The burial of a 17-year-old mother who was gunned down in her home has sparked a dispute between two large churches over the control of a cemetery and graves ensnared in a $13 million real estate deal gone bad.

Tiffany Dionna Jackson was fatally shot Aug. 9 while sleeping with her 11-month-old daughter in her Landover Hills home. Police arrested the woman's boyfriend and two of his friends and charged them with first-degree murder.

In the days after her daughter's death, Theresa Jackson gained strength from fellow members of the District's Way of the Cross Church of Christ, which in early 1996 purchased from Riverdale Baptist Church a 2,300-seat sanctuary, a school and land for a cemetery spread across 155 acres near Upper Marlboro.

Jackson's family, like other church members, had purchased a $1,000 cemetery plot there. But a few days before Jackson's funeral, her family learned from a lawyer representing their church that Tiffany would not be buried in the cemetery because of a property dispute between Way of the Cross and Riverdale Baptist, at Landover Road and Route 193.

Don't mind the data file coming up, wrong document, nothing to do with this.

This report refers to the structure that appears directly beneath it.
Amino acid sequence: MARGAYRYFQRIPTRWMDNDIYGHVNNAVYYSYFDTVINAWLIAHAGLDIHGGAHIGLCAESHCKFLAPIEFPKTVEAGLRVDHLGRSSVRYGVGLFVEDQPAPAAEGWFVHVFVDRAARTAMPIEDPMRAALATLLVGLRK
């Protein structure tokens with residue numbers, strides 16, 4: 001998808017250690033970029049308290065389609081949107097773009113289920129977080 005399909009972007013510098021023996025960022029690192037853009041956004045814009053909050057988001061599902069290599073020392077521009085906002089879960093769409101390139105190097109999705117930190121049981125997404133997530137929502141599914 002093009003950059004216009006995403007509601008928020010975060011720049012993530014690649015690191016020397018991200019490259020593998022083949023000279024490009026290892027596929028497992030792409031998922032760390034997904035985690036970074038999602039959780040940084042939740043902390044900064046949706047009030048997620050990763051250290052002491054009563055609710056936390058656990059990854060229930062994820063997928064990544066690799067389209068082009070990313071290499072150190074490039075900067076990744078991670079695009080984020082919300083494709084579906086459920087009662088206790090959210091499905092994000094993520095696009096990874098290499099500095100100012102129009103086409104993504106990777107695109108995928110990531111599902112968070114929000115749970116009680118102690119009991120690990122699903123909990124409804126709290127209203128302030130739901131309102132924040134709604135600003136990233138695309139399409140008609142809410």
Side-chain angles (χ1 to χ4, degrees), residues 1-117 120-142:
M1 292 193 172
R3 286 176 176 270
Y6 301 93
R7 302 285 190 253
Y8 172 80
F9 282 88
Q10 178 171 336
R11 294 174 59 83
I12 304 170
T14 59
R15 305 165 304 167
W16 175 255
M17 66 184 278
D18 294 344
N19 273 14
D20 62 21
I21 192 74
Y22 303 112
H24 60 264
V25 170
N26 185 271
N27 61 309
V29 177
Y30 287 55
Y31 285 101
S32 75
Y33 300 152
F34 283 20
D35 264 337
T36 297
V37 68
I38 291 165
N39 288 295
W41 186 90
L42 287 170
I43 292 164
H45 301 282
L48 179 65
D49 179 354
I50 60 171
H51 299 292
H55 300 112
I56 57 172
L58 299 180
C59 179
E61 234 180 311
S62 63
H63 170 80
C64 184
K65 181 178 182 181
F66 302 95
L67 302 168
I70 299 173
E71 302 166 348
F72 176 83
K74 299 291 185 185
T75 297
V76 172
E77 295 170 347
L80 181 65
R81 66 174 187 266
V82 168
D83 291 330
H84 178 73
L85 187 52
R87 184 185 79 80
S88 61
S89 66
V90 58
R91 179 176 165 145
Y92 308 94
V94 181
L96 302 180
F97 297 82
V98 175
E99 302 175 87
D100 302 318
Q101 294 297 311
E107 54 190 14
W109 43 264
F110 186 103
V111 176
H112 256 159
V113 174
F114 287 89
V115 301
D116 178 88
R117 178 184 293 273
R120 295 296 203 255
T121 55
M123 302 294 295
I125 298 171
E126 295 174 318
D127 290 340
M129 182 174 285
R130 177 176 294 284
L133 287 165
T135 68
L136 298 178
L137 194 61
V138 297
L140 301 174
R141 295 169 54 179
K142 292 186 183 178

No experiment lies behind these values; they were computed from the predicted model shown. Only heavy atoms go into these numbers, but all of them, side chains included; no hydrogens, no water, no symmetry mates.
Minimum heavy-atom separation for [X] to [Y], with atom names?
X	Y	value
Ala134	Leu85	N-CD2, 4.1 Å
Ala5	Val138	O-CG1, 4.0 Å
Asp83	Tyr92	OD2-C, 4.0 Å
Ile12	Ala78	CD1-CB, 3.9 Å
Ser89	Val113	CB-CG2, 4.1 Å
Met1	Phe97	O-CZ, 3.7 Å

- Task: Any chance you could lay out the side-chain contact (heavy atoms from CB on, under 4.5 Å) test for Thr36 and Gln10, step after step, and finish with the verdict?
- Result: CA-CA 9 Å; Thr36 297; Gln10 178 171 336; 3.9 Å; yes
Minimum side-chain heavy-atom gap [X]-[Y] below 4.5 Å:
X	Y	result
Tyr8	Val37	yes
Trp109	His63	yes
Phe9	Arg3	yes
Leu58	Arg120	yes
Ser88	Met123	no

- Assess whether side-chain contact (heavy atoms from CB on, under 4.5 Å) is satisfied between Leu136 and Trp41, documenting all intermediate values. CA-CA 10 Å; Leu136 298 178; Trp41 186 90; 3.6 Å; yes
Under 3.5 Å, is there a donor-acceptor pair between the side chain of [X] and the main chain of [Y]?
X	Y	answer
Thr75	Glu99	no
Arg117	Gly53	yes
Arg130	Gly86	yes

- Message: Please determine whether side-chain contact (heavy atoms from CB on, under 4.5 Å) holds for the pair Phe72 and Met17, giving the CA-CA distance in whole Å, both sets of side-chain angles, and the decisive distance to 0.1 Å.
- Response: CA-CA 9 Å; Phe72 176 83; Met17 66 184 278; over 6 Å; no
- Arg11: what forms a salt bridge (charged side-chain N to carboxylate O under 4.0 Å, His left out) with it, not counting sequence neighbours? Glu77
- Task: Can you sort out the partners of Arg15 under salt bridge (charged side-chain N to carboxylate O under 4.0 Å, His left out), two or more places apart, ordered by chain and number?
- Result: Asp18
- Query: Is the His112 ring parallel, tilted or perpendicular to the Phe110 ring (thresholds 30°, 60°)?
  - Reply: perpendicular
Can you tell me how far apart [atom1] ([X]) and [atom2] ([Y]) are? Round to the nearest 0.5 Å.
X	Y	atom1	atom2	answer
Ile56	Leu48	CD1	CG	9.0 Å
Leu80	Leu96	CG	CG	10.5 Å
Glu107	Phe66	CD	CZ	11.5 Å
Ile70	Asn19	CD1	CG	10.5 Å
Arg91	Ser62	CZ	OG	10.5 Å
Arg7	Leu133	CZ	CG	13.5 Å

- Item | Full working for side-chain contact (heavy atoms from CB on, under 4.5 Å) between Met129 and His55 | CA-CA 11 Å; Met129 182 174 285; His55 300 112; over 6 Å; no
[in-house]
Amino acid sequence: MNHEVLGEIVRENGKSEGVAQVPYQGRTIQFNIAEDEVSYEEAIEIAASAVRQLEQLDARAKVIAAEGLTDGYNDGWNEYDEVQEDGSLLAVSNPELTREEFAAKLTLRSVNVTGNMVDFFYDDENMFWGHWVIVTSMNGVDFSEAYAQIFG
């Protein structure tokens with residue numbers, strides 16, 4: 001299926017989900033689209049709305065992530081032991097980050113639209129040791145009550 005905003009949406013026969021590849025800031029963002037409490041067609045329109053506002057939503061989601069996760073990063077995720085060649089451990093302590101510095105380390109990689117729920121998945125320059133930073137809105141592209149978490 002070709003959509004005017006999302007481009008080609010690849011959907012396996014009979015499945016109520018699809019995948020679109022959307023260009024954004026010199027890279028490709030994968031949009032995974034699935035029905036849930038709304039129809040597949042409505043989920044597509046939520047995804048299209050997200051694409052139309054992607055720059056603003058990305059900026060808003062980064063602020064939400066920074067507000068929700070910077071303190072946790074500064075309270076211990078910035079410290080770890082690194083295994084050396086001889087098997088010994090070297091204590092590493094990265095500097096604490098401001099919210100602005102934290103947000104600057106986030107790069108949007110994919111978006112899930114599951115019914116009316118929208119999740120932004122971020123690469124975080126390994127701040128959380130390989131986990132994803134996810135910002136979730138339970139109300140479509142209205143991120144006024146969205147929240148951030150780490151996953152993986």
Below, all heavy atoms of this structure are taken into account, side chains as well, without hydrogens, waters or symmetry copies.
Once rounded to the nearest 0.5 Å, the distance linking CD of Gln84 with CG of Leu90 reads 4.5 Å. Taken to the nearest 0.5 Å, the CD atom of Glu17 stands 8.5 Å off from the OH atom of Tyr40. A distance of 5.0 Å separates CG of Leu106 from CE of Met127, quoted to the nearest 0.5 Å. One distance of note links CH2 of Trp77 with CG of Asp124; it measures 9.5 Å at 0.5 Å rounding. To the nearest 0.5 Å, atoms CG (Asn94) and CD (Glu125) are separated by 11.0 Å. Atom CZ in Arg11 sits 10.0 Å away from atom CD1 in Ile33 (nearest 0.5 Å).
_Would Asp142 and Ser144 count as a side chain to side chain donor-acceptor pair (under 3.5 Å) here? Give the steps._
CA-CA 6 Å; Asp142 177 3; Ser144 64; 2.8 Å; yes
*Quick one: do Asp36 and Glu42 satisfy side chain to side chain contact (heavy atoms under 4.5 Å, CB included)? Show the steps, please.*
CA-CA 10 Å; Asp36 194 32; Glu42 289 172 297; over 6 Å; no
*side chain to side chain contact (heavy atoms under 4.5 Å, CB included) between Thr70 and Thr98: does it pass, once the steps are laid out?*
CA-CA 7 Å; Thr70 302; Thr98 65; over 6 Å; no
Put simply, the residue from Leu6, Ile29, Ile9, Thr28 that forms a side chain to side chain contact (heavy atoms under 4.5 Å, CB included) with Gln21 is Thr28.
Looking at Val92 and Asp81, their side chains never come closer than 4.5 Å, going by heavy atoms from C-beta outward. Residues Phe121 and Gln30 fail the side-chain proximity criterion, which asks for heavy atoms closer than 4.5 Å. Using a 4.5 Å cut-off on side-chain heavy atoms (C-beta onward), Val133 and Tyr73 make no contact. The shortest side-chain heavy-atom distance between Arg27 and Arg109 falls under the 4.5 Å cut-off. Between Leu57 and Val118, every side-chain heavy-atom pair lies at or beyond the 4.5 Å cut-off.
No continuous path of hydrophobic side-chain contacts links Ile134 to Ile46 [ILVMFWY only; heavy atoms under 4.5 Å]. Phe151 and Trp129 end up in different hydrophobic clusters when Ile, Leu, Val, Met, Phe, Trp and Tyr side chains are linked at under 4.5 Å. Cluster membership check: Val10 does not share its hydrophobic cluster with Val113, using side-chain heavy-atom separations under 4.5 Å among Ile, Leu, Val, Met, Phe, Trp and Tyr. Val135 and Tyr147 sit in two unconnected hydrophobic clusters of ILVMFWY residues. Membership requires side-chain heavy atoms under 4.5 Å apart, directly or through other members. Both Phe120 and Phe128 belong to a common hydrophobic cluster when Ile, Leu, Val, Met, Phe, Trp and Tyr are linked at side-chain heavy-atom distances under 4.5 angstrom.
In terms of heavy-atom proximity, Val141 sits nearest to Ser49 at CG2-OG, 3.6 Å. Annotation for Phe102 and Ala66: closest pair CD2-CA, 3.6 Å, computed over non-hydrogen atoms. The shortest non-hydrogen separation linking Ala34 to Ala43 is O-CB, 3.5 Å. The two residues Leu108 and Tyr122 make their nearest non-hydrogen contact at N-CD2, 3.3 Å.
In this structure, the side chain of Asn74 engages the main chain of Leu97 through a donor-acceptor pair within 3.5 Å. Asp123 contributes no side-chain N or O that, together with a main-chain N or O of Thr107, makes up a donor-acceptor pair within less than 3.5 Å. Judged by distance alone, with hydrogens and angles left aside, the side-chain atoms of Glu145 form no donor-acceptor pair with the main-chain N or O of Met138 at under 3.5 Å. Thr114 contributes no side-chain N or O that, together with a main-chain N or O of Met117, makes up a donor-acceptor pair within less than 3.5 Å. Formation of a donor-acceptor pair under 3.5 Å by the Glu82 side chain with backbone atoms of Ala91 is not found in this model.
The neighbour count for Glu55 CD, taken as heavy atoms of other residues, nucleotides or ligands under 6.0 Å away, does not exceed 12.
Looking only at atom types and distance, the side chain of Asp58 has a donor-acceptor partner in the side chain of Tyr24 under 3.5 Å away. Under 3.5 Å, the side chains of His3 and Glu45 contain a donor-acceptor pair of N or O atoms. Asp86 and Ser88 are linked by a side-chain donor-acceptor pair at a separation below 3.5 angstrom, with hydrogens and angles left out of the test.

"They denied us," said Theresa Jackson, who ended up burying her daughter in a Clinton graveyard. "It really isn't the Christian way on how they handled this."

The disagreement between predominantly white Riverdale Baptist and Way of the Cross, which is predominantly black, is really a testament to the changing demographics of Prince George's County, church growth and what can happen when multimillion-dollar deals crafted by churches go bad.

In 1994, Riverdale Baptist put its church and land on the market. The church had purchased another tract in Davidsonville and was planning to build a large sanctuary and school there in Anne Arundel County, where most of its members had moved.